Saturday, June 1, 2019

Poetry: Somehow Changed

Somehow Changed

The woman asleep upstairs in the old summer cabin
awakens to the voice of a psychic Welsh friend
four states away. She hears her name called twice,
the voice pitched low, low and guttural.

The woman peers out the narrow open window
to the left of the fieldstone chimney.
A black bear growls up at her, once, twice.
She recoils from the cheese-cloth-screened window.

Theirs is now the last dwelling on the former dirt road
out of an upstate New York hamlet two miles away.
The steep last 80 yards of their road is still dirt.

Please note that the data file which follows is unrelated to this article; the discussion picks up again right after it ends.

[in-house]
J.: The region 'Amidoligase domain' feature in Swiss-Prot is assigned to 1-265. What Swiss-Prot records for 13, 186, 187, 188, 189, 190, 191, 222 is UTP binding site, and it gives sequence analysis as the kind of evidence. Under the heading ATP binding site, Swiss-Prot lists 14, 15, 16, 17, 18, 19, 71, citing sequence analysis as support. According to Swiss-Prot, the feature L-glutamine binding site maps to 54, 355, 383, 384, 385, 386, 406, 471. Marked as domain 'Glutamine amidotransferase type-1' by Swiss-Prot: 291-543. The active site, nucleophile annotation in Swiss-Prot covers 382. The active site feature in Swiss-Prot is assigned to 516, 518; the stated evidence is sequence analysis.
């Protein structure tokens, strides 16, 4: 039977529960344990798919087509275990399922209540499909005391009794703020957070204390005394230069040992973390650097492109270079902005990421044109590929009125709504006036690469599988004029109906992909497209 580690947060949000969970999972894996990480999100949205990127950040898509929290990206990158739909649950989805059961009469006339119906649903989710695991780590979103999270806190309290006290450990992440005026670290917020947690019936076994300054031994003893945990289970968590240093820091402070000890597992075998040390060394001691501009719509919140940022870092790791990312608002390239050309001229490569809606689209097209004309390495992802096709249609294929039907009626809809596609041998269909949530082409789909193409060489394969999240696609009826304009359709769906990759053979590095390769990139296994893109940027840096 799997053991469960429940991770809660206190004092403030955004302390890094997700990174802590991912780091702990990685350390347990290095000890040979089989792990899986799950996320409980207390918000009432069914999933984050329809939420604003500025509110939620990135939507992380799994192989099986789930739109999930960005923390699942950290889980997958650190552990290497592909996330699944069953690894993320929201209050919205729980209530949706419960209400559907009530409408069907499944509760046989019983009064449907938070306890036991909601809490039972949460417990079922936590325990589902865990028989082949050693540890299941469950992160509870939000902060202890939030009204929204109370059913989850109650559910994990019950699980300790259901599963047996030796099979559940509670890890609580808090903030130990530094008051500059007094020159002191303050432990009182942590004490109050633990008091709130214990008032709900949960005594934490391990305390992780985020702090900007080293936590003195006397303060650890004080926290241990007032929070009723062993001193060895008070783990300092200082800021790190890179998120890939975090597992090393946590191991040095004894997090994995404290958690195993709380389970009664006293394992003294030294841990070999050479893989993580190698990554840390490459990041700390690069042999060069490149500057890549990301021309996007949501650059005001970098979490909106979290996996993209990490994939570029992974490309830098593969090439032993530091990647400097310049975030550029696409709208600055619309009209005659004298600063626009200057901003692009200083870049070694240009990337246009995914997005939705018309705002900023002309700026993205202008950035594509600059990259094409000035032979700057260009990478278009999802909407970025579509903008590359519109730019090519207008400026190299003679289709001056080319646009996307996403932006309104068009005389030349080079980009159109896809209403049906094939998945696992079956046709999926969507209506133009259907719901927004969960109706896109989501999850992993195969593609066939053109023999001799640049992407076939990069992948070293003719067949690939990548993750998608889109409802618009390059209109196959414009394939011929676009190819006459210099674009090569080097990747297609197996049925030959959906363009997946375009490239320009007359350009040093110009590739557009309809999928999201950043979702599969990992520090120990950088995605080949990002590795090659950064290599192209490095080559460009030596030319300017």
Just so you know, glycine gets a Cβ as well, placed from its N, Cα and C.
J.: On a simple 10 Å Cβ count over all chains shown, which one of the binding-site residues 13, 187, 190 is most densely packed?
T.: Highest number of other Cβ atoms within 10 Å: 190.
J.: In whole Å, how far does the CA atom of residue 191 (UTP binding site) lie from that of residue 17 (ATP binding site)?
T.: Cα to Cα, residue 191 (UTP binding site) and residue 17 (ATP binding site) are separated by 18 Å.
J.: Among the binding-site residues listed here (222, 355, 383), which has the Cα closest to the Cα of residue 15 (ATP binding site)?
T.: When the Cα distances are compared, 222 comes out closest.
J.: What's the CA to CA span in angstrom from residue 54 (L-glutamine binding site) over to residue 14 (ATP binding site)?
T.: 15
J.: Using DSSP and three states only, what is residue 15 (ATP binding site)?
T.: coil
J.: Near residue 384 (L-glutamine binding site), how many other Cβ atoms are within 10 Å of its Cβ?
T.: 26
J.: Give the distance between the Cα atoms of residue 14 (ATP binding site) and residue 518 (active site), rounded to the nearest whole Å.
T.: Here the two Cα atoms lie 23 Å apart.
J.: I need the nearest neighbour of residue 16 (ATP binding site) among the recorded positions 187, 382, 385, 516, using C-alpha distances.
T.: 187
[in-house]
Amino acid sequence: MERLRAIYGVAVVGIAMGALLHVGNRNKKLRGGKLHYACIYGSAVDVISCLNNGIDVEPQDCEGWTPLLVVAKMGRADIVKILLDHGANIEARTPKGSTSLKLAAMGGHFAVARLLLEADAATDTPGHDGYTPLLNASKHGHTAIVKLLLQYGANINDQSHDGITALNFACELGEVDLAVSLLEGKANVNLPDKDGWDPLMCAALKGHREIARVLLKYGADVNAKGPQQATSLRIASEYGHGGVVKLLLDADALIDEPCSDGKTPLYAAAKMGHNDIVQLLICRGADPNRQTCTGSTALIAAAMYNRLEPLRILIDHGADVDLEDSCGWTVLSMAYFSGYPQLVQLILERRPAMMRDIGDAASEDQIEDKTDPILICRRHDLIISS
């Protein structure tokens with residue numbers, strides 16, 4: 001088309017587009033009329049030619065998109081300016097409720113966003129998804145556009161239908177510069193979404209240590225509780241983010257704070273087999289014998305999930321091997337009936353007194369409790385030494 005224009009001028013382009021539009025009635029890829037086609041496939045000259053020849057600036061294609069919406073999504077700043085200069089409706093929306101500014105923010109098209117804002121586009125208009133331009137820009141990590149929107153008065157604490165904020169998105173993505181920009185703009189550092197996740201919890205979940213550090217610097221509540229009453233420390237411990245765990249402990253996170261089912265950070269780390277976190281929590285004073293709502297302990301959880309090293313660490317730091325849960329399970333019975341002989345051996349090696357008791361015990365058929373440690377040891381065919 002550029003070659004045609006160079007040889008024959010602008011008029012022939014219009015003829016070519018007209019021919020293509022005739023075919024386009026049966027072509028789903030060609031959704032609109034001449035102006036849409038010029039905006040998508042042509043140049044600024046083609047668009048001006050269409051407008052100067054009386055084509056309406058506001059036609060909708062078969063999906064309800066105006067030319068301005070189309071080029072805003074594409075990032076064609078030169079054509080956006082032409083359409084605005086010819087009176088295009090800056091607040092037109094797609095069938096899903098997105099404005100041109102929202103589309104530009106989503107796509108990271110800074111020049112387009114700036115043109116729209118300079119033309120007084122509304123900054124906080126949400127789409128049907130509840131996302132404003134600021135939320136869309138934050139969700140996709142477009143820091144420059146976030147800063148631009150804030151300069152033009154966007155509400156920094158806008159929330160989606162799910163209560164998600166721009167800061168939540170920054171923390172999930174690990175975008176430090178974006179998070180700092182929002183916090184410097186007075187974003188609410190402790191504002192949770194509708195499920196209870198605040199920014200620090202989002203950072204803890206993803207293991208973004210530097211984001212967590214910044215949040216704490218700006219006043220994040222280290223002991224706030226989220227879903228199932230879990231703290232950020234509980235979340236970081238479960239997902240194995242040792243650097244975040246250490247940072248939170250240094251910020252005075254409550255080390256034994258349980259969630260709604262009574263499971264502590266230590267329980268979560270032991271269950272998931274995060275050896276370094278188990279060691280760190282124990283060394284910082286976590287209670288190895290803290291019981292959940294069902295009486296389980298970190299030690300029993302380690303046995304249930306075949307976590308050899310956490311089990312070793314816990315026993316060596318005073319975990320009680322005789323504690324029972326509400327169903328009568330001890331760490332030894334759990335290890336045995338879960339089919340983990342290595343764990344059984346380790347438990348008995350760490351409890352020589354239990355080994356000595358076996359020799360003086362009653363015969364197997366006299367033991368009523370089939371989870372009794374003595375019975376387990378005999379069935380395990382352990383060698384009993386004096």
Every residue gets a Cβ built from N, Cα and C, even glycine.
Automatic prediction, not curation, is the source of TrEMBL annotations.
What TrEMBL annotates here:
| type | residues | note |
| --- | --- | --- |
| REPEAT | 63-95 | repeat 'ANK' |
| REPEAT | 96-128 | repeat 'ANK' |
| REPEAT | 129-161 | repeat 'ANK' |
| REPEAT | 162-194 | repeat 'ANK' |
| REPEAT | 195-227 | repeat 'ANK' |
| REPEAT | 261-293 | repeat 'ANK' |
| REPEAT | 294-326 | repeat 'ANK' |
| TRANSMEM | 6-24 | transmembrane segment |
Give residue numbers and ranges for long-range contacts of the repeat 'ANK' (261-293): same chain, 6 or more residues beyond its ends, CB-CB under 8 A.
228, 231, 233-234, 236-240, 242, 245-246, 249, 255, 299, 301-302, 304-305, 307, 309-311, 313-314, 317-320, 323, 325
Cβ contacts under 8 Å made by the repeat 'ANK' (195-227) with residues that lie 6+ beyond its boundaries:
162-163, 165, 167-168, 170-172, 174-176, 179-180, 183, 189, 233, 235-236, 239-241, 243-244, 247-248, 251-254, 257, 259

The woman will recover sleep but is somehow changed.

Related Stories


Ed Zahniser retired as the senior writer and editor with the National Park Service Publications Group in Harpers Ferry, West Virginia. He writes and lectures frequently about wilderness, wildlands, and conservation history topics. He is the youngest child of Alice (1918-2014) and Howard Zahniser (1906–1964). Ed’s father was the principal author and chief lobbyist for the National Wilderness Preservation System Act of 1964. Ed edited his father’s Adirondack writings in Where Wilderness Preservation Began: Adirondack Writings of Howard Zahniser, and also edited Daisy Mavis Dalaba Allen’s Ranger Bowback: An Adirondack farmer - a memoir of Hillmount Farms (Bakers Mills).


Tags:


One Response

Leave a Reply

Leave a Reply

Your email address will not be published. Required fields are marked *